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Court of Appeal standing strong, restoring confidence at 40

By Onuzure Dania

THE Court of Appeal will this year turn 40.  The court chose not to celebrate this landmark event with much fanfare despite its great strides in the face of monumental challenges.

Established 40 years ago, the evolution of the Nigerian Court of Appeal is intriguing and fascinating.

Establishment and evolution: The court’s history and evolution can be understood from the Constitution of Federal Republic of Nigeria 1963. That Constitution did not provide expressly for the establishment of a Federal Court of Appeal and the different regions as they existed at that time had their appeal courts which served as intermediate courts. This was provided for at Section 127 of the 1963 Constitution of the Federal Republic of Nigeria and it gave the right of appeal from the High Court to that Court.

Ironically, the incursion of the military in Nigerian body polity on the 15th January, 1966 suspended the 1963 Constitution and its provisions for regional courts of appeal.

Eventually, the military government established the Federal Court of Appeal in 1976 by the Constitution (Amendment) by Decree No. 2 of 1976, (by amending Section 121 of the 1963 Constitution), thus giving birth to the Court of Appeal as we know it today.

Section 217(1) of the Constitution of Federal Republic of Nigeria 1979 formally established the Court and it provided:

“There shall be a Federal Court of Appeal.”

Again, another military Decree changed the nomenclature of the court when there was a change of baton in military rulership on December 31, 1983. The court’s name changed from Federal Court of Appeal to the Court of Appeal.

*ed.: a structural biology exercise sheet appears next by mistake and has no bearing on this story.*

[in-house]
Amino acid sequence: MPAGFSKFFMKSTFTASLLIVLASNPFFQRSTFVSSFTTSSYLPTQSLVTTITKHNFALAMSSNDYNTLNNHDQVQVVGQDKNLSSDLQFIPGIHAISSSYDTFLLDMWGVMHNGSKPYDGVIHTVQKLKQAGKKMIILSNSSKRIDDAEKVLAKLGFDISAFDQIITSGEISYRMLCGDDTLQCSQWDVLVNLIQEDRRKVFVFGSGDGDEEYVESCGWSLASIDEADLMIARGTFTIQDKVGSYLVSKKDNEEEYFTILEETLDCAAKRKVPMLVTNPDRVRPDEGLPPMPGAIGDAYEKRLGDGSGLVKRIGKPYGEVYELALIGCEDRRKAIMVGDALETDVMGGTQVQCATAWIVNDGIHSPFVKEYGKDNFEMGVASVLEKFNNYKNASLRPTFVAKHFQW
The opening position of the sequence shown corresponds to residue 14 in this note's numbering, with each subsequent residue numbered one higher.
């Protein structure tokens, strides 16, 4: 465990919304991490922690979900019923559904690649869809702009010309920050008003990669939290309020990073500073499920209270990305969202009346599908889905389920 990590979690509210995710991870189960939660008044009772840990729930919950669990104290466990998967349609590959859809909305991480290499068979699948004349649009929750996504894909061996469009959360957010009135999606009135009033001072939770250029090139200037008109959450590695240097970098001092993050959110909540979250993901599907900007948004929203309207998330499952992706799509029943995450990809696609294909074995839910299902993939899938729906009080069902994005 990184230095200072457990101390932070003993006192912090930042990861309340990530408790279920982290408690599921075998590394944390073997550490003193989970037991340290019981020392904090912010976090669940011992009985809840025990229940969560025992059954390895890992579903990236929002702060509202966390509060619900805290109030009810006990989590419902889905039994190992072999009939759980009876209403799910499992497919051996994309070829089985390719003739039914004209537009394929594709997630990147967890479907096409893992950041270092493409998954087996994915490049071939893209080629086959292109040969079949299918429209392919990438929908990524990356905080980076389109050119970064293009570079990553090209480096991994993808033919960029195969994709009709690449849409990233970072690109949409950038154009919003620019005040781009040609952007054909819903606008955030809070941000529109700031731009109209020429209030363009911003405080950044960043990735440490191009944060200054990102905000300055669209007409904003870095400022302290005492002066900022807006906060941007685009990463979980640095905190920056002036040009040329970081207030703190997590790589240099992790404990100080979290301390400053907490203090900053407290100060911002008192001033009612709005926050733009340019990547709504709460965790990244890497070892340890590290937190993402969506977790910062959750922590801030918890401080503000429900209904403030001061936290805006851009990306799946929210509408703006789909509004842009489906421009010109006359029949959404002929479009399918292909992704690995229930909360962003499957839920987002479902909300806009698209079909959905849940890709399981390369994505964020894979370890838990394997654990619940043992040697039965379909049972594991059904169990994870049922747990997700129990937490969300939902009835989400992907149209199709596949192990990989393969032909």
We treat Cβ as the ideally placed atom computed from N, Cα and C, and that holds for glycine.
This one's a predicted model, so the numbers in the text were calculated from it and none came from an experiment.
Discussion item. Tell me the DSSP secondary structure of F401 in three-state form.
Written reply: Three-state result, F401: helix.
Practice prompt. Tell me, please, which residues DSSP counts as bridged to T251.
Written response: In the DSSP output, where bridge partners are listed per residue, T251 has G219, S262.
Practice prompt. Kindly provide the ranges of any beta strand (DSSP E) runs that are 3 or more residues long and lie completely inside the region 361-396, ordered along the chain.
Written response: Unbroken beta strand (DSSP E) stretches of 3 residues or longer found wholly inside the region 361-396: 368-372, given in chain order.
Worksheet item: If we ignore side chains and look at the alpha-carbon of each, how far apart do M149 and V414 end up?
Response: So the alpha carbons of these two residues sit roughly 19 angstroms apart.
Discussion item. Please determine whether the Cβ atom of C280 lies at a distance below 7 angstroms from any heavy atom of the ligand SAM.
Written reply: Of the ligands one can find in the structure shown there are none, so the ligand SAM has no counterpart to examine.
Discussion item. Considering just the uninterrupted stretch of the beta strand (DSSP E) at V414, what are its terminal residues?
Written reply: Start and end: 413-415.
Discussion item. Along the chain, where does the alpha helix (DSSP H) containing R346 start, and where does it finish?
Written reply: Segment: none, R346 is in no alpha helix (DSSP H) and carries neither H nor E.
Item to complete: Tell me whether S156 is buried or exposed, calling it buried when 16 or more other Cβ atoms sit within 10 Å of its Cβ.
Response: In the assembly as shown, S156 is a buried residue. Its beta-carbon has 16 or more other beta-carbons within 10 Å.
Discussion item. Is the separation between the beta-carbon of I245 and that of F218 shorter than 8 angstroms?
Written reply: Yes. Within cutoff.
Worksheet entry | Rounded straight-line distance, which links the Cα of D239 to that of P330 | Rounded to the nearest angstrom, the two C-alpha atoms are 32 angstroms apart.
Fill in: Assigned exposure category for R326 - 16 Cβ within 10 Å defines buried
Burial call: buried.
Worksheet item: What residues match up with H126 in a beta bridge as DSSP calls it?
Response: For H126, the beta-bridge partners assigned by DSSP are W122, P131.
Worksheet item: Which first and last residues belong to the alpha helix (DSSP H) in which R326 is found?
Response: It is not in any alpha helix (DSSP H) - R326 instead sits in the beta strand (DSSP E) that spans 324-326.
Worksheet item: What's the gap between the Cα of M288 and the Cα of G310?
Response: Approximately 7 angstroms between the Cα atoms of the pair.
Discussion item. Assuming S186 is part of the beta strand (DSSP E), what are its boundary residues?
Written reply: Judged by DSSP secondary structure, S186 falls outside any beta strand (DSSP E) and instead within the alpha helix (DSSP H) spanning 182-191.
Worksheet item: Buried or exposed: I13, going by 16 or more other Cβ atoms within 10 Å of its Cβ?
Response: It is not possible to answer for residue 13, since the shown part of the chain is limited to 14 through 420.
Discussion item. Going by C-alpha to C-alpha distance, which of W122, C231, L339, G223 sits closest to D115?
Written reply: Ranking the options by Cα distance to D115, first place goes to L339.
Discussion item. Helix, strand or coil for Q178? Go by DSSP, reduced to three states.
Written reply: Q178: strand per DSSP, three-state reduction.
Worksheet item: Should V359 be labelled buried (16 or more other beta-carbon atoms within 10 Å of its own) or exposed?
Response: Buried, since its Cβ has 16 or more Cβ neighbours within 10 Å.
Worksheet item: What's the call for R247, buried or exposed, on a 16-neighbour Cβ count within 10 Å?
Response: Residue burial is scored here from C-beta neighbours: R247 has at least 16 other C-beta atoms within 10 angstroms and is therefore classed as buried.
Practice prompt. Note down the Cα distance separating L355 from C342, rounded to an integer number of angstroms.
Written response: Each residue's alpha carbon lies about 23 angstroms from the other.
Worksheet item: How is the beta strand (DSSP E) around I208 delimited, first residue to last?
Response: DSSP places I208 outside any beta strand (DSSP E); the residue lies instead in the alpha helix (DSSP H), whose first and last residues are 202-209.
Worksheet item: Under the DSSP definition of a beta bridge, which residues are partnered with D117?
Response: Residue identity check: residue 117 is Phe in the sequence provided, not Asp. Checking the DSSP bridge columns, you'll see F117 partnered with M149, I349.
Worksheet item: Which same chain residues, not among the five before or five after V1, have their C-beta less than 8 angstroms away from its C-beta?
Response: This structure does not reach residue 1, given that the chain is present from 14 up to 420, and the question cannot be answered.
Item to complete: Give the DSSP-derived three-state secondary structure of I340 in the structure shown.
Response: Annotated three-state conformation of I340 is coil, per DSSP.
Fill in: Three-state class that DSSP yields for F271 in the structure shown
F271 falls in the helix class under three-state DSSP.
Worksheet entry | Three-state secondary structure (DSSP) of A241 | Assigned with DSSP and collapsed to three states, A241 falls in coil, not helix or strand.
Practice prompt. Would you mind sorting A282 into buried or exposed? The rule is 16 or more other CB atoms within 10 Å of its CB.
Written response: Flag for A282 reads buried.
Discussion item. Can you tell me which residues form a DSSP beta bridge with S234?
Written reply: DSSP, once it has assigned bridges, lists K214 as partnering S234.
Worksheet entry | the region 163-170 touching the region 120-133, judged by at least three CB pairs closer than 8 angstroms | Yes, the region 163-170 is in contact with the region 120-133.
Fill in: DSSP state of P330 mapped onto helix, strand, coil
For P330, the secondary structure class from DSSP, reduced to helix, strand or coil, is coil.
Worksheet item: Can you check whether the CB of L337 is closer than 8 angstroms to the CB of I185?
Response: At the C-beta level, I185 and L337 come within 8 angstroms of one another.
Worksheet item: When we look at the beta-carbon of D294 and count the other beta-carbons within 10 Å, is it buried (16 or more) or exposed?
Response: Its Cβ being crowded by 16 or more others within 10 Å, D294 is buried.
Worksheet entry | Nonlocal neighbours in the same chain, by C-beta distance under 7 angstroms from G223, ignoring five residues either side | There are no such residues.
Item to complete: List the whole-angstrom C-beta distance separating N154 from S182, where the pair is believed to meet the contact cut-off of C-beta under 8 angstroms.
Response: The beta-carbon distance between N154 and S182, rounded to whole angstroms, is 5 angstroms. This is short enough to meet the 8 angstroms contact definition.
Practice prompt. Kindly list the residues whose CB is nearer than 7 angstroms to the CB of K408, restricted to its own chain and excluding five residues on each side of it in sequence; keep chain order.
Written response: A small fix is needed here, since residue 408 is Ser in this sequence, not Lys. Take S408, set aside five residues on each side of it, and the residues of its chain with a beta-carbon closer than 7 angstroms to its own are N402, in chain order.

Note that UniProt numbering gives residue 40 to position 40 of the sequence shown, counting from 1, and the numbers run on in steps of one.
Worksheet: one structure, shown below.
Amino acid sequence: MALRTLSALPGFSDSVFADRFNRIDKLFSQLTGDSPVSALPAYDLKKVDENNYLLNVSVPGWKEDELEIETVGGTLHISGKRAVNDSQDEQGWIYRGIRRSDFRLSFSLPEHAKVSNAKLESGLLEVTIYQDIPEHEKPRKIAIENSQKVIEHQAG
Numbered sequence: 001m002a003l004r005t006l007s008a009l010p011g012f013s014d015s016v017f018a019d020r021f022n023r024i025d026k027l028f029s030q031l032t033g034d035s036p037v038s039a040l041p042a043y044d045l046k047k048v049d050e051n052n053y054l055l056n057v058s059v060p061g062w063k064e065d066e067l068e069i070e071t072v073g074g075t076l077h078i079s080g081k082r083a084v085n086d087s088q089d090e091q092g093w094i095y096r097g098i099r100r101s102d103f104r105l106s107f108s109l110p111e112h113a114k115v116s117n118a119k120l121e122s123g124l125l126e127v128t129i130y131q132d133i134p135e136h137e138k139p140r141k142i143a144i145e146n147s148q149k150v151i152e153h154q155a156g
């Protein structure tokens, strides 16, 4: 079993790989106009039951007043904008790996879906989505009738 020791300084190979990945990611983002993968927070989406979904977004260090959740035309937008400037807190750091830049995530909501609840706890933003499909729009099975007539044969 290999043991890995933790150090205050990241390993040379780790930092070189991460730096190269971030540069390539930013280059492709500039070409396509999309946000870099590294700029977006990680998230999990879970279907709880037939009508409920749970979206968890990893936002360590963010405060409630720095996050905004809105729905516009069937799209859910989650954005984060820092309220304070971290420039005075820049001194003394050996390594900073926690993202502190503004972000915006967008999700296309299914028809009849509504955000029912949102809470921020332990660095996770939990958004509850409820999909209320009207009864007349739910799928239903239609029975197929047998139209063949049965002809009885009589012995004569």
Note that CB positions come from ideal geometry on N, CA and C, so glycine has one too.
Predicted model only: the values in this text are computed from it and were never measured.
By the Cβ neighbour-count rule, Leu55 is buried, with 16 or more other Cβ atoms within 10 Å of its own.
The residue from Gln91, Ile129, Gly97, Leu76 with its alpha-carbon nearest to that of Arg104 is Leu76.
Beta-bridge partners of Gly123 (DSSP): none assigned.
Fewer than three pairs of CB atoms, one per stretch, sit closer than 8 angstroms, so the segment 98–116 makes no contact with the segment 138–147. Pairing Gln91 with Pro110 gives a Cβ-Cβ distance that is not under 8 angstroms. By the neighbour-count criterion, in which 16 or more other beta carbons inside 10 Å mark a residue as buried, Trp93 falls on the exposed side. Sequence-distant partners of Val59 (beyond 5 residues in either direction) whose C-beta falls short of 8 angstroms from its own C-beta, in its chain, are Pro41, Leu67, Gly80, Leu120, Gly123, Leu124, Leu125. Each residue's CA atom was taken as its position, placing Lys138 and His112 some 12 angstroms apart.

The Court of Appeal is the only court directly below the Supreme Court in hierarchy and jurisdiction. Appeals from the court go directly to the Apex Court.

Jurisdiction: The court is empowered to entertain and hear appeals directly from the Federal High Court, High Court, Sharia Court of Appeal, Customary Court of Appeal, court martial or any other tribunal as specified by an act of the National Assembly.

Exclusivity of Jurisdiction

The Court by the provisions of S.239 (1) CFRN has exclusive jurisdiction to:

  • Determine whether or not the President or Vice President has been validly elected[2].
  • The term of office of the President or vice President has ceased[3].
  • The office of the President or vice President has become vacant[4].

In addition to these, by the provision of the Electoral Act (as amended) 2011  all appeals arising from electoral tribunals with relation to legislative office at state and federal levels terminate at the this court.

Appointment and Qualification for Justices of the Court of Appeal

Justices of this court are appointed by the President on the recommendation of the national judicial council, Section S.238 (1) of the Constitution. Before a person can be qualified to hold the office of Justice of this court, such person must have been a legal practitioner for not less than 12 years.

The head of the Court of Appeal is usually referred to as the President of the Court of Appeal and present President is the Honourable Justice Zainab Bulkachuwa (CFR) who has the privilege of superintending its 40th anniversary.

One of the court’s greatest strengths lies in the constitutional provision ‘The Court of Appeal shall, to the exclusion of any other court of Law in Nigeria, have original jurisdiction to hear and determine any to whether: (a) any person has been validity elected to the office of President or Vice-President under this Constitution; or (b) the term of office of the President or Vice-President has ceased; or (c) the office of President or Vice-President has become vacant.’

Saving the Nation’s Democracy

The Court has on several occasions and in several cases courageously defended the nation’s democracy by its timely judicial interventions in sensitive and chaotic highly volatile political cases to save the day. The recent Ondo and Rivers states election cases could be recalled.

Quick Facts of Profile

The Courts statistics shows that between 2010 and July 2016 the Court received a total of 52, 550 appeals in its various divisions, out of which it successfully decided 30, 869 appeals and motion with Lagos, Benin and Port Harcourt and Enugu having the highest of these appeals. Lagos – 8,878, Benin 5,795, Port Harcourt 4,706 and Enugu 3,656.


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